MICROBIAL MODELING AND BIOINFORMATICS FOR FOOD SAFETY AND SECURITY
Location: Residue Chemistry and Predictive Microbiology
Title: Use of Calcium, Potassium, and Sodium Lactates to Control Germination and Outgrowth of Clostridium perfringens Spores during Chilling of Injected Pork
| Velugoti, Padmanabha - UNIV. OF NEBRASKA |
| Rajagopal, Lakshman - UNIV. OF NEBRASKA |
| Thippareddi, Harshavardhan - UNIV. OF NEBRASKA |
Submitted to: Food Microbiology
Publication Type: Peer Reviewed Journal
Publication Acceptance Date: May 3, 2007
Publication Date: September 12, 2007
Citation: Velugoti, P.R., Rajagopal, L., Juneja, V.K., Thippareddi, H. 2007. Use of Calcium, Potassium, and Sodium Lactates to Control Germination and Outgrowth of Clostridium perfringens Spores during Chilling of Injected Pork. Food Microbiology. 24(7-8):687-694.
Interpretive Summary: Clostridium perfringens remains a major cause of foodborne illness worldwide and is a continuing concern to the food service industry. Inadequate rate and extent of cooling of cooked meat products have been implicated in numerous outbreaks of foodborne disease. Thus, there was a need to determine the cooling times and temperatures for cooked meat products to remain pathogen-free and to provide data for performing risk assessment on cooked meat. We determined that cooling times for marinated ground pork products after heat processing can be extended to 21 h by incorporation of the antimicrobial ingredients, sodium lactate, potassium lactate, or calcium lactate at more than or equal to 2.0% in the formulation to reduce the potential risk of C. perfringens germination and outgrowth. These findings will be of immediate use to retail food service operations and regulatory agencies to guard against the pathogen in cooked pork products.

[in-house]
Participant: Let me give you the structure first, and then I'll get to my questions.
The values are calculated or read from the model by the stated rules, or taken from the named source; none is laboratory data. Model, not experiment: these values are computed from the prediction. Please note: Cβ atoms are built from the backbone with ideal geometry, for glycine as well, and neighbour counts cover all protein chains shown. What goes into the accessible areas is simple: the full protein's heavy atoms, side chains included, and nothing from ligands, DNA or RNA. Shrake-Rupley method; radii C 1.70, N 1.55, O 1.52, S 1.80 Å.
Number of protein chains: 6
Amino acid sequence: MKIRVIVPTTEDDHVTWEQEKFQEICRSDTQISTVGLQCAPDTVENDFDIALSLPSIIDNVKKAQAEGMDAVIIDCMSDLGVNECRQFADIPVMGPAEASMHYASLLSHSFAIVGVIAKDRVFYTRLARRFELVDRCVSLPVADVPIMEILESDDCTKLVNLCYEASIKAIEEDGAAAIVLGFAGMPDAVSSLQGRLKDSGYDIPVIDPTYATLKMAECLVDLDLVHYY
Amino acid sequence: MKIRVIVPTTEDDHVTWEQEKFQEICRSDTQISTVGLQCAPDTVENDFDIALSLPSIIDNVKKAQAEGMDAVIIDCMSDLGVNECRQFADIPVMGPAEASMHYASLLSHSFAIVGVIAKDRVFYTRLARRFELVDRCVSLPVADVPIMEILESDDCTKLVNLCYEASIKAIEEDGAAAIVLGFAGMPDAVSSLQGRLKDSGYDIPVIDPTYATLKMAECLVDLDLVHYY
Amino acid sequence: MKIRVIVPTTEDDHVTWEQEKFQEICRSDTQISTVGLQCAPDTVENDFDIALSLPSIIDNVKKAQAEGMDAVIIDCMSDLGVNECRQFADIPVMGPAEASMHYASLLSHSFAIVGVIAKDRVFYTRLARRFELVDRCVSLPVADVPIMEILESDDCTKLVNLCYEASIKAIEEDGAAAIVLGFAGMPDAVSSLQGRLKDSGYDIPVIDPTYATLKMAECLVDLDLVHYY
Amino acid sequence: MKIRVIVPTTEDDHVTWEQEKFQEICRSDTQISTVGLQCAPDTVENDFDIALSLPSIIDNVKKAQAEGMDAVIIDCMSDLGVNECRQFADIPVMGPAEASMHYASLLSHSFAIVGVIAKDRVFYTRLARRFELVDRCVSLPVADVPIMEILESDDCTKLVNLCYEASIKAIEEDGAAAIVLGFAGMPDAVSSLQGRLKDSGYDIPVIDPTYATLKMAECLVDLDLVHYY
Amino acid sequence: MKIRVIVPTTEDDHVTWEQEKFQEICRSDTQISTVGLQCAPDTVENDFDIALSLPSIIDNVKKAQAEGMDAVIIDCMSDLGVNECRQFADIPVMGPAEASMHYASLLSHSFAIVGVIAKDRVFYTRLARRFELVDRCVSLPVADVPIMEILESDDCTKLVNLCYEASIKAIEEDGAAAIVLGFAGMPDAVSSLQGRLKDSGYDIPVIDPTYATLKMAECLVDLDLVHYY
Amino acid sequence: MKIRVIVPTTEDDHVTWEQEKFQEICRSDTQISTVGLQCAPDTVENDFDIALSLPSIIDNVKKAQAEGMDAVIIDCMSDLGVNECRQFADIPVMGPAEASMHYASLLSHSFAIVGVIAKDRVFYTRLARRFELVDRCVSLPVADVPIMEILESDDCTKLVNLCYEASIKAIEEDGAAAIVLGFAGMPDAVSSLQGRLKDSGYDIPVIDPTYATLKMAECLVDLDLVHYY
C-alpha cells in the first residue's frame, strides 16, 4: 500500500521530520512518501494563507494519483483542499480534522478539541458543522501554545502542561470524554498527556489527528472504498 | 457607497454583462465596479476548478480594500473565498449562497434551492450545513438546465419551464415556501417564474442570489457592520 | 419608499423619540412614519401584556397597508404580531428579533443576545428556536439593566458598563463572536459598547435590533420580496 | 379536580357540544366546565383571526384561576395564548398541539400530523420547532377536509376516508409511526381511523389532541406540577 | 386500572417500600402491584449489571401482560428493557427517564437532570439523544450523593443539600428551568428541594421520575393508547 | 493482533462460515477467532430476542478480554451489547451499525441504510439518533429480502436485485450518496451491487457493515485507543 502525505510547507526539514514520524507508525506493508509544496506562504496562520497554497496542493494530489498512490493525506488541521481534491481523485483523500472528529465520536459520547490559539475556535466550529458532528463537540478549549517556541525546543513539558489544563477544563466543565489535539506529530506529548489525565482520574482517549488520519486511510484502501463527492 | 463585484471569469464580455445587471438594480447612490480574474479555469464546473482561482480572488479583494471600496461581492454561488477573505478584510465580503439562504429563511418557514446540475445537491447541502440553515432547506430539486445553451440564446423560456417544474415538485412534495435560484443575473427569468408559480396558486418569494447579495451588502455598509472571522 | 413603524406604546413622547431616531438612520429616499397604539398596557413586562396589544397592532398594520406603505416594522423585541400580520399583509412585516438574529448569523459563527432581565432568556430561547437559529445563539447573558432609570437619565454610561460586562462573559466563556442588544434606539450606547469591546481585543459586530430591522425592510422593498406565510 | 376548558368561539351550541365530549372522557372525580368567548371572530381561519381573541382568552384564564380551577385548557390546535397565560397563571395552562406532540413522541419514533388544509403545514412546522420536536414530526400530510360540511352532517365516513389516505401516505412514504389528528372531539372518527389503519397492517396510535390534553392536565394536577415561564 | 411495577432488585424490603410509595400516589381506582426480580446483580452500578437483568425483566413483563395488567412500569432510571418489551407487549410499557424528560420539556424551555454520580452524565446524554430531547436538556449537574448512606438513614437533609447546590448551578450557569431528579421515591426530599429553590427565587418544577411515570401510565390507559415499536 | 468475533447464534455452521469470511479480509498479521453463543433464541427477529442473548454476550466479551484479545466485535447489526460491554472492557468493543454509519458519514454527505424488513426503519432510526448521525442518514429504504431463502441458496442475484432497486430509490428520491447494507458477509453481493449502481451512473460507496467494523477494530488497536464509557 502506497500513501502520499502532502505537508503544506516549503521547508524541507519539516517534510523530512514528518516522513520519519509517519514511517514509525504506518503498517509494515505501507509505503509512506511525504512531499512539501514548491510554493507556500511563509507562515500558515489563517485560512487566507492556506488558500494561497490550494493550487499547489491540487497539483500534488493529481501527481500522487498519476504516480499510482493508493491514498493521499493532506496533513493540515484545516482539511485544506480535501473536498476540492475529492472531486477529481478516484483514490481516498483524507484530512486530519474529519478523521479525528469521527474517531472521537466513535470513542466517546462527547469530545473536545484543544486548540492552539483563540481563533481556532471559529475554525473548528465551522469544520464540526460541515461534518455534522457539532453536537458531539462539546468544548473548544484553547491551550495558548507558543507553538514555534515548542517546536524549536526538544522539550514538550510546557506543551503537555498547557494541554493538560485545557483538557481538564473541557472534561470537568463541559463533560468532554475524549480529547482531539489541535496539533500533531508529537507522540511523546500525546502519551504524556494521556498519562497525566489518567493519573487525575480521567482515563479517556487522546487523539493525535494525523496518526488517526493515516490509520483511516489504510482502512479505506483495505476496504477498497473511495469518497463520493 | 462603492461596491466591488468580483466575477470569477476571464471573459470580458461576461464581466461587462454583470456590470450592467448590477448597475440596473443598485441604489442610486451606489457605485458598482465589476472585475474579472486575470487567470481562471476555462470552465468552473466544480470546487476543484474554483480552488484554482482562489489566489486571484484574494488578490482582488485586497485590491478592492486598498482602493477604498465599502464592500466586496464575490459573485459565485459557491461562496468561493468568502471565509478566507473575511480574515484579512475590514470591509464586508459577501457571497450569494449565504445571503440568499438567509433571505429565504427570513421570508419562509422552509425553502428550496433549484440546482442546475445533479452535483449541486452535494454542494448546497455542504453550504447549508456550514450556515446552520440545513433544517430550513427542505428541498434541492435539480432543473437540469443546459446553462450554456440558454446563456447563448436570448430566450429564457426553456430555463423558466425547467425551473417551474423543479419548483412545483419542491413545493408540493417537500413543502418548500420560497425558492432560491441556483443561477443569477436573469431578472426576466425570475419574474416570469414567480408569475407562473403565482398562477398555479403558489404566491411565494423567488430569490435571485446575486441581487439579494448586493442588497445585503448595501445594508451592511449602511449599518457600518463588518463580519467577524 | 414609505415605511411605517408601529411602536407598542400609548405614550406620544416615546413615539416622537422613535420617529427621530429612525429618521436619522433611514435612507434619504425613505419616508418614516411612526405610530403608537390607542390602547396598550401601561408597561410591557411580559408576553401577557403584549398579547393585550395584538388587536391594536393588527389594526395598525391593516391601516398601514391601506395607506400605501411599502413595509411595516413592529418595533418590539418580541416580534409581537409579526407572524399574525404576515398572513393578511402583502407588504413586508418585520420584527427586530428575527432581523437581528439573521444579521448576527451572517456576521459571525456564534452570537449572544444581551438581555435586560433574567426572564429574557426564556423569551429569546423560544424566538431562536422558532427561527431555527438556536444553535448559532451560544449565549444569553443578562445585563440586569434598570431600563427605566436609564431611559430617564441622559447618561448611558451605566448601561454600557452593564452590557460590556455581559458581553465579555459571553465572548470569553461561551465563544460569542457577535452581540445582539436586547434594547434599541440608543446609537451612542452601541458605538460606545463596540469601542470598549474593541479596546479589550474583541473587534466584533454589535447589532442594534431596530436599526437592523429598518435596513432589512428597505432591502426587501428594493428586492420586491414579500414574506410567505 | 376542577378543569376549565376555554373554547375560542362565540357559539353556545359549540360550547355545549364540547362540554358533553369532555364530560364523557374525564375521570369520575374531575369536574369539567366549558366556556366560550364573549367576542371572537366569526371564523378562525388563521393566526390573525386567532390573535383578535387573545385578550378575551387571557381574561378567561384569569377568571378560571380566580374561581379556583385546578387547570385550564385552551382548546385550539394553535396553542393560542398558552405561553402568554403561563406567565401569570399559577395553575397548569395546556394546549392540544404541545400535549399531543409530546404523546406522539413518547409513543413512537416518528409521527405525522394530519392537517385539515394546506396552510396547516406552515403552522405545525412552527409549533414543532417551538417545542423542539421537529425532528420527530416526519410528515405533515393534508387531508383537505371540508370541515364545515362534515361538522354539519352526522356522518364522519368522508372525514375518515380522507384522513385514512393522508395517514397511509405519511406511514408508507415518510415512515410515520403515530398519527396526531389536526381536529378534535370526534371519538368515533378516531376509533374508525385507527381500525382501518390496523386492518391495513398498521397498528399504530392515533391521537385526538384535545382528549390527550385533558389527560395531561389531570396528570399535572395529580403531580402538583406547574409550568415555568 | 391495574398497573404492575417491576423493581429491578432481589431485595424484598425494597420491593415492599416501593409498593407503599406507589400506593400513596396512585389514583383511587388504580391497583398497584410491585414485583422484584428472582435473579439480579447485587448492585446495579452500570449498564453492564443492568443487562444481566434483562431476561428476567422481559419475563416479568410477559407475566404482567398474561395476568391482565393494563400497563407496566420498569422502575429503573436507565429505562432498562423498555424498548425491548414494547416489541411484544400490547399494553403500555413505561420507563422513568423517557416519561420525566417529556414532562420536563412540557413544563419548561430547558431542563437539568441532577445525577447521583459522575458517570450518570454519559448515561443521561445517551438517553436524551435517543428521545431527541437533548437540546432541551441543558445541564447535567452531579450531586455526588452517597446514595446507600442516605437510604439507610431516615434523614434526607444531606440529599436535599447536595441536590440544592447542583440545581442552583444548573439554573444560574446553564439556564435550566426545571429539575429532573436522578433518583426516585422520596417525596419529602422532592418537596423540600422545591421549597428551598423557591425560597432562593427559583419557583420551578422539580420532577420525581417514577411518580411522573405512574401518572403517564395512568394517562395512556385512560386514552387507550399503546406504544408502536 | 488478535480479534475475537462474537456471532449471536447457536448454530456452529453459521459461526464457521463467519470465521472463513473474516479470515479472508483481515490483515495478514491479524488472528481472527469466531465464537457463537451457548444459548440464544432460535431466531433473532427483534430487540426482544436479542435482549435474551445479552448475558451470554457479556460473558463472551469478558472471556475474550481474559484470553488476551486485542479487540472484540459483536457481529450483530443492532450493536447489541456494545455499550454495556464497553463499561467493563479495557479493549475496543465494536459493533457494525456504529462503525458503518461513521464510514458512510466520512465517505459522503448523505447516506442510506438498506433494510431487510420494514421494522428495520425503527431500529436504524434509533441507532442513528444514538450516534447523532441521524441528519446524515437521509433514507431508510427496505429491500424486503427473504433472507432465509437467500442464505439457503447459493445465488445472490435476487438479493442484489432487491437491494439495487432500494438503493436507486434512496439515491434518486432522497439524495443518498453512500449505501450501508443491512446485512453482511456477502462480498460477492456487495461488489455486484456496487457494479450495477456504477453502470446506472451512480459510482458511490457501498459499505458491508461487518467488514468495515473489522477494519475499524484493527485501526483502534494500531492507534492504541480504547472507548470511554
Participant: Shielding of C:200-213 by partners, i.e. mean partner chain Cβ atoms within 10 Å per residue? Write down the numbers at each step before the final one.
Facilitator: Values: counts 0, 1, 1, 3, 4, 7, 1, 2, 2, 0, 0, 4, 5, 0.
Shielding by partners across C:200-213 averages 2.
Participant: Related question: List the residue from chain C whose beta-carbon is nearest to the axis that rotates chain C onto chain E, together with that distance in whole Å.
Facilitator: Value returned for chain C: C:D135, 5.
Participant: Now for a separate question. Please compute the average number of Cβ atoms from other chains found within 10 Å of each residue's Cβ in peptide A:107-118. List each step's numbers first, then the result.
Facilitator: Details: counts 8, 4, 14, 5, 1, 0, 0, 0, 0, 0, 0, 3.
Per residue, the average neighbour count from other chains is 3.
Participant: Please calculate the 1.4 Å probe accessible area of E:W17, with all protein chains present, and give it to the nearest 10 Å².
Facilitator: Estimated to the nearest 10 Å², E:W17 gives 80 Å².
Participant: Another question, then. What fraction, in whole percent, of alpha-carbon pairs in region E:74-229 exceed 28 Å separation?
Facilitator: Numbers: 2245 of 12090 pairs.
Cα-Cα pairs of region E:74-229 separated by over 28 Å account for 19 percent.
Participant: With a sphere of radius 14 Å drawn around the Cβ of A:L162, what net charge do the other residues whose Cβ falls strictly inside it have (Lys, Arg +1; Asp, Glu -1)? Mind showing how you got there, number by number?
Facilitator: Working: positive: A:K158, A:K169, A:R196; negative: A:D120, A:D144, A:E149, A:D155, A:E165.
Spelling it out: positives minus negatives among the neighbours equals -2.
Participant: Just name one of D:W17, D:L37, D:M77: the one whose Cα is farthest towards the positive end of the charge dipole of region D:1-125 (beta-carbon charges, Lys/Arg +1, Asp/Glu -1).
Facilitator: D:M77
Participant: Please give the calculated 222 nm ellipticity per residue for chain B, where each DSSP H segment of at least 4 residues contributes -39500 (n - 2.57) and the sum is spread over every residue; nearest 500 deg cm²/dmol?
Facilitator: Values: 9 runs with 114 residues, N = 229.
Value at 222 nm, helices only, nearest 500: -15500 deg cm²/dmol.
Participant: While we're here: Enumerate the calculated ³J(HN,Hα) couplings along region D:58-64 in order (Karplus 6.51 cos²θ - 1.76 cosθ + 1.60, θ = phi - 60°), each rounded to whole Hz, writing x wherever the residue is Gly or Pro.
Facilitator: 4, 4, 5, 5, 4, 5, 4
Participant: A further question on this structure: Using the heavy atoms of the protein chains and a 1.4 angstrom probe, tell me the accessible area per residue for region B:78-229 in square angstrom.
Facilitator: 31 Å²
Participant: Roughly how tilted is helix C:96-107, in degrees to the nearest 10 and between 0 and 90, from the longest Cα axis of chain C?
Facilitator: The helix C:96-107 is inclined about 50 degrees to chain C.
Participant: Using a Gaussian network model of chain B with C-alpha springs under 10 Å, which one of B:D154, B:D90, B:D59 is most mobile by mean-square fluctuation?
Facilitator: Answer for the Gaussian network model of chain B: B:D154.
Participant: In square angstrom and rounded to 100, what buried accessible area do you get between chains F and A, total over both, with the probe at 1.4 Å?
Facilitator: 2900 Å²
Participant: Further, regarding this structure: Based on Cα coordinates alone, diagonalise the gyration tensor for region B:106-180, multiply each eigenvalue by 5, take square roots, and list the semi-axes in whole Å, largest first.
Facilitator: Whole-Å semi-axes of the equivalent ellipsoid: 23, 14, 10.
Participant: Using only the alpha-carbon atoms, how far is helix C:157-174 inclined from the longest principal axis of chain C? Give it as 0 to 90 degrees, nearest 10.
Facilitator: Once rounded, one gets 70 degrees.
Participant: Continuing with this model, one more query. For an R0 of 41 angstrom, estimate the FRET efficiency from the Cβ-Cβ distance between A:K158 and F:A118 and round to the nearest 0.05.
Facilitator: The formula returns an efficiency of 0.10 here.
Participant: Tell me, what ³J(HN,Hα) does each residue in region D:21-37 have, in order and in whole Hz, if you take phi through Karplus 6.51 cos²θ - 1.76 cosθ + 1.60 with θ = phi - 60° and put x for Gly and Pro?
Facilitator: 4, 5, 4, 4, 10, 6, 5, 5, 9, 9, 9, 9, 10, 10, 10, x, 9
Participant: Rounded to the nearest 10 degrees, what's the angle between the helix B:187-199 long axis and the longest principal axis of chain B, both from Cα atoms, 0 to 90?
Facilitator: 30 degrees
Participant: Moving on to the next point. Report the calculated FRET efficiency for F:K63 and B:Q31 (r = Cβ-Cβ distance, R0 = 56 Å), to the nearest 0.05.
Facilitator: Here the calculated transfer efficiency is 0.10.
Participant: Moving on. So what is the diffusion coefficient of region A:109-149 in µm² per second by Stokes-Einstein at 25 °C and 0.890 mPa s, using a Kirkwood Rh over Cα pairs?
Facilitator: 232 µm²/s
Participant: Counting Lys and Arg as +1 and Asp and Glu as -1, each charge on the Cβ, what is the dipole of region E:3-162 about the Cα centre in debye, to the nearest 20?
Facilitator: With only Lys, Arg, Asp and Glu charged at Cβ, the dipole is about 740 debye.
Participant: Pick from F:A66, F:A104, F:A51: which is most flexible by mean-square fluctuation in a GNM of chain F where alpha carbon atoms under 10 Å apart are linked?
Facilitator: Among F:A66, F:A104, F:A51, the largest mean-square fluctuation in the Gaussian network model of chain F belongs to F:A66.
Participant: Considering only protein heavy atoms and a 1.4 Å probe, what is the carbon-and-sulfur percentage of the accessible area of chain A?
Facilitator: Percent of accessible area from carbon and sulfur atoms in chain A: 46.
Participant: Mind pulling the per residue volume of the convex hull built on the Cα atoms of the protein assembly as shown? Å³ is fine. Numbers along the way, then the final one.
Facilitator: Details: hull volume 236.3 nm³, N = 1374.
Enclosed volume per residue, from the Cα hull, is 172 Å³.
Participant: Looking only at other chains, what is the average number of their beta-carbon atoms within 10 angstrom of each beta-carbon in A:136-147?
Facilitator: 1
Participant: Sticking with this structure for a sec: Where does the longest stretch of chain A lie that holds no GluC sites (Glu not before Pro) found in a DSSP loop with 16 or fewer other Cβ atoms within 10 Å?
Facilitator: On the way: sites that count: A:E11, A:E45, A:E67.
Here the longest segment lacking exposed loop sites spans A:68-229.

Inhibition of Clostridium perfringens spore germination and outgrowth by calcium (CaL), potassium (KL) or sodium (NaL) lactate in injected pork during abusive chilling regimes was investigated. Lactates (Ca, K, or Na) were incorporated into injected pork at various concentrations (1.0, 2.0, 3.0 and 4.8%), along with a no-lactate control. A three- strain spore cocktail of C. perfringens spores was inoculated into the product (injected pork) to obtain a final spore population of ca. 2.5 log CFU/g. Chilling of injected pork (control) from 54.4 to 7.2C within 6.5, 9, 12, 15, 18 or 21-h exponential chill rates resulted in an increase of 0.49, 2.40, 4.02, 5.03, 6.24 and 6.30 log CFU/g of C. perfringens populations, respectively. Addition of CaL at 1.0% or KL and NaL at greater than or equal to 2.0% to injected pork controlled germination and outgrowth of C. perfringens to less than 1 log CFU/g, thus meeting the USDA-FSIS performance standard for stabilization of cooked, RTE meat and poultry products. However, extension of chilling rates beyond 9.0 h (up to 21-h) required incorporation of CaL (greater than or equal to 2.0%) and KL or NaL (greater than or equal to 3.0%) to meet the USDA-FSIS stabilization performance standard. In general, CaL was more effective compared to KL or NaL for all the chilling regimes tested in reducing the potential risk of C. perfringens germination and outgrowth in injected pork.